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Re: maize in Europe and India: a twisted tale

This is part 2 of my reply. 

I have replied to the stuff Peter posted from Sauer. For those not in the
know, Jonathan Sauer is far from being an objective commentator. He is
strongly inclined to reject all diffusionist theories. His critique of
Johannessen demonstrates this. 

And before Peter, 

Domingo Martinez-Castilla (agdndmc@showme.missouri.edu) posted this
helpful abstract:

: Summary of rebuttal article by Payak and Sachan is below.

: >Payak, M.M., and Sachan, J.K.S.
: >  1993 "Maize Ears Not Sculpted in 13th Century Somnathpur 
: >        Temple in India." Economic botany. APR 01 1993, vol. 47 
: >        no. 2, P. 202-

: This article's abstract says:

: The contention that objects in the hands of male and female deities
sculpted : on the exterior of the Kesav Temple at Somnathpur near the city
of Mysore, : Karnataka State, India, represent maize ears is rejected on
linguistic, : religious, sculptural, archaeological, and botanical

So, let's now deal with Payak and Sachan critique of ancient Indian corn.

: The stone : inscriptions associated with the temple list items or
commodities used in : worship, maize is not included.

OK, it seems like another _argumentum ex silentio_, so beloved of the
"deniers". The old stand-by -- when you don't have a case, resort to
logical fallacies. 

I will not be able to see the complete article until after the 6th of
Jan., when the U of T libraries reopen after the holiday break. I will
look closer at these inscriptions. But meanwhile, let me ask, What about
the references to: sorghum, pomegranates, Pandanus, and what not... Are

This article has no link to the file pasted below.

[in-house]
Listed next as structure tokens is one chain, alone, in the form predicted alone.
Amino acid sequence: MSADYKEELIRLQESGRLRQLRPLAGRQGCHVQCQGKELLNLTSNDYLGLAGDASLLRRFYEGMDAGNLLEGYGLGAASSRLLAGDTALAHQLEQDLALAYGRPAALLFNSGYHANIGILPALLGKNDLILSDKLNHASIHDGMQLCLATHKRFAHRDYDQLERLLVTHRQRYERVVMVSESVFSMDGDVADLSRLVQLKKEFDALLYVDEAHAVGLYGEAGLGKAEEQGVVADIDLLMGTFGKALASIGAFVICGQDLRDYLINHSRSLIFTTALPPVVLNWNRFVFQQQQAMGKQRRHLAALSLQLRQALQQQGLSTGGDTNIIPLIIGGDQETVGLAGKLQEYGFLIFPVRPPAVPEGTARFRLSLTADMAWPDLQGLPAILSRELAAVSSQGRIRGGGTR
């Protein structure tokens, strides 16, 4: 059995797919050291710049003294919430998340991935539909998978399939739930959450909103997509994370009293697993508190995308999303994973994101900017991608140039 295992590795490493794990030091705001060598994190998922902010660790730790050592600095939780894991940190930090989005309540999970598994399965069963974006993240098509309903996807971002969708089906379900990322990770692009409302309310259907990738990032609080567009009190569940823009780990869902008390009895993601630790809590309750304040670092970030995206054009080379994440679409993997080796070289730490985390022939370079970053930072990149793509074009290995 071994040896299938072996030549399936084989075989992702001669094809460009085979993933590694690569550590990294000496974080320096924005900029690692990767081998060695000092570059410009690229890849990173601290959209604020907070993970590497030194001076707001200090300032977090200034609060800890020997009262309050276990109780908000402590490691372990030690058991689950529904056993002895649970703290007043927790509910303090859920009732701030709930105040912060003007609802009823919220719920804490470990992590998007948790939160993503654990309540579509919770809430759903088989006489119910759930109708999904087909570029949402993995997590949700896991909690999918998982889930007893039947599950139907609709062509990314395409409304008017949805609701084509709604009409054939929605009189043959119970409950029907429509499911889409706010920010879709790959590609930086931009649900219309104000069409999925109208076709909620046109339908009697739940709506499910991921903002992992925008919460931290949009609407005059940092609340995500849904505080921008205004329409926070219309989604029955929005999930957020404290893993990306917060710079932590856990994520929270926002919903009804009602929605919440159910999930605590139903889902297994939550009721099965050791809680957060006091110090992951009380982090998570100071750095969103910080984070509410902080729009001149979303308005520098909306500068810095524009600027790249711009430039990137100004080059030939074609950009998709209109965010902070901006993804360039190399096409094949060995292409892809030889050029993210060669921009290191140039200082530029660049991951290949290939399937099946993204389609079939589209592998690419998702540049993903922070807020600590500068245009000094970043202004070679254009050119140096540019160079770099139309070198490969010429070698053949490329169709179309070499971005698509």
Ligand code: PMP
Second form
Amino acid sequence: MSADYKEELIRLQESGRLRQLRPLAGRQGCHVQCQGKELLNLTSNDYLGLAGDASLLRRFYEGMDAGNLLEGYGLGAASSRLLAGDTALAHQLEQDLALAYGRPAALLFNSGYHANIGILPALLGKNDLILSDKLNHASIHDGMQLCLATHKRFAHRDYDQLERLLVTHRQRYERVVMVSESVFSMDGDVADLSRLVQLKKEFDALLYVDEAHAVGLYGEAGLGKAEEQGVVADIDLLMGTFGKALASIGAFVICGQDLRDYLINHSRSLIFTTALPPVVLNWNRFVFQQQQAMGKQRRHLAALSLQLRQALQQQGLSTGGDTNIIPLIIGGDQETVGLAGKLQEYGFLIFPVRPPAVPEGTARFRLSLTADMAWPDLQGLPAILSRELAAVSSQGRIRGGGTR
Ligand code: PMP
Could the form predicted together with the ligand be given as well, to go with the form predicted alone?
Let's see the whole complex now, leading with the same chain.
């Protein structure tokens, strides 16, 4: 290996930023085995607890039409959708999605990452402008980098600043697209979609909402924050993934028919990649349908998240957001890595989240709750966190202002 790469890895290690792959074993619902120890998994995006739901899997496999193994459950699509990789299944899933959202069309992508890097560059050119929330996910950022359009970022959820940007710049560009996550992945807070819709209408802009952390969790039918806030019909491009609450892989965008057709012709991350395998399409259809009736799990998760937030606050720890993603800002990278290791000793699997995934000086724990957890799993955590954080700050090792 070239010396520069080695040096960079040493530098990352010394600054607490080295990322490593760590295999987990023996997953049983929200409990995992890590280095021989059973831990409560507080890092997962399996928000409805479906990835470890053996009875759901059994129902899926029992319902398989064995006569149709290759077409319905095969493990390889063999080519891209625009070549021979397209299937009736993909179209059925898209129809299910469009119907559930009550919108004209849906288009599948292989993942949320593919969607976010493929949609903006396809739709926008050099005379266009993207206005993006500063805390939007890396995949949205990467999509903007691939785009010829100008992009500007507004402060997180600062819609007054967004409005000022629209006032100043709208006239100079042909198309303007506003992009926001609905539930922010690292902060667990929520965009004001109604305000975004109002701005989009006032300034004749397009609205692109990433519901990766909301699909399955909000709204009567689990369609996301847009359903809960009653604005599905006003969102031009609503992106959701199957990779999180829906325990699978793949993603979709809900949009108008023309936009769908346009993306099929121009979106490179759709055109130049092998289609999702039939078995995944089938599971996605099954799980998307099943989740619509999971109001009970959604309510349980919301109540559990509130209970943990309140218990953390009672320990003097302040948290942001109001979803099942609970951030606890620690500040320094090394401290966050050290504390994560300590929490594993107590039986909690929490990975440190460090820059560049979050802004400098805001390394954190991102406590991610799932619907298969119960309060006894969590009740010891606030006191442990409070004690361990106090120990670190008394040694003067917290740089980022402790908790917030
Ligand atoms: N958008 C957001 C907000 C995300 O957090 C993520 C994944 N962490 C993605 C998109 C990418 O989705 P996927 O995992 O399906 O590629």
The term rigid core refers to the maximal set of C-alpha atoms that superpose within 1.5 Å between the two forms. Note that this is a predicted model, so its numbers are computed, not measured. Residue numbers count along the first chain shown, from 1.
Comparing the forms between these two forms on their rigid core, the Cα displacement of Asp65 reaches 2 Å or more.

they included?

The argument from silence, my friends, however weak, can cut both ways,
you know? 

: We find no evidence for maize figuring in any : kind of religious
ritual or worship.

This is truly bizarre. "Any kind"?

: The word
for maize used currently in the : Kannada language is "Musukin Jola" which
refers to a kind of millet resembling : sorghum (jola).  This appelation
is of recent origin and does not appear in : any literary work
contemporary with the period of construction of Somnathpur : temple. 

Evidence from linguistics. Oh, well, needs to be looked at further. But
one thing must be said right away. The hypothesis that Johannessen
formulates is that the tribes that worshipped the corn-deities, and built
the temples, were _driven out_ from the areas where the temples are, and
now inhabit the highlands. This is where one should look for linguistic
support, or a lack of it. Our critics either are not aware of what J. is
saying, or else they prefer not to see what he's saying... 

: The wall images do not fully simulate in form and proportion the :
actual human figures.

This sure looks like scraping the bottom of the barrel of Isolationists'
arguments. So what?

: The beaded ornamentation, likewise, of the hand-held :  object shows
considerable variation and its comparison whether on qualitative : or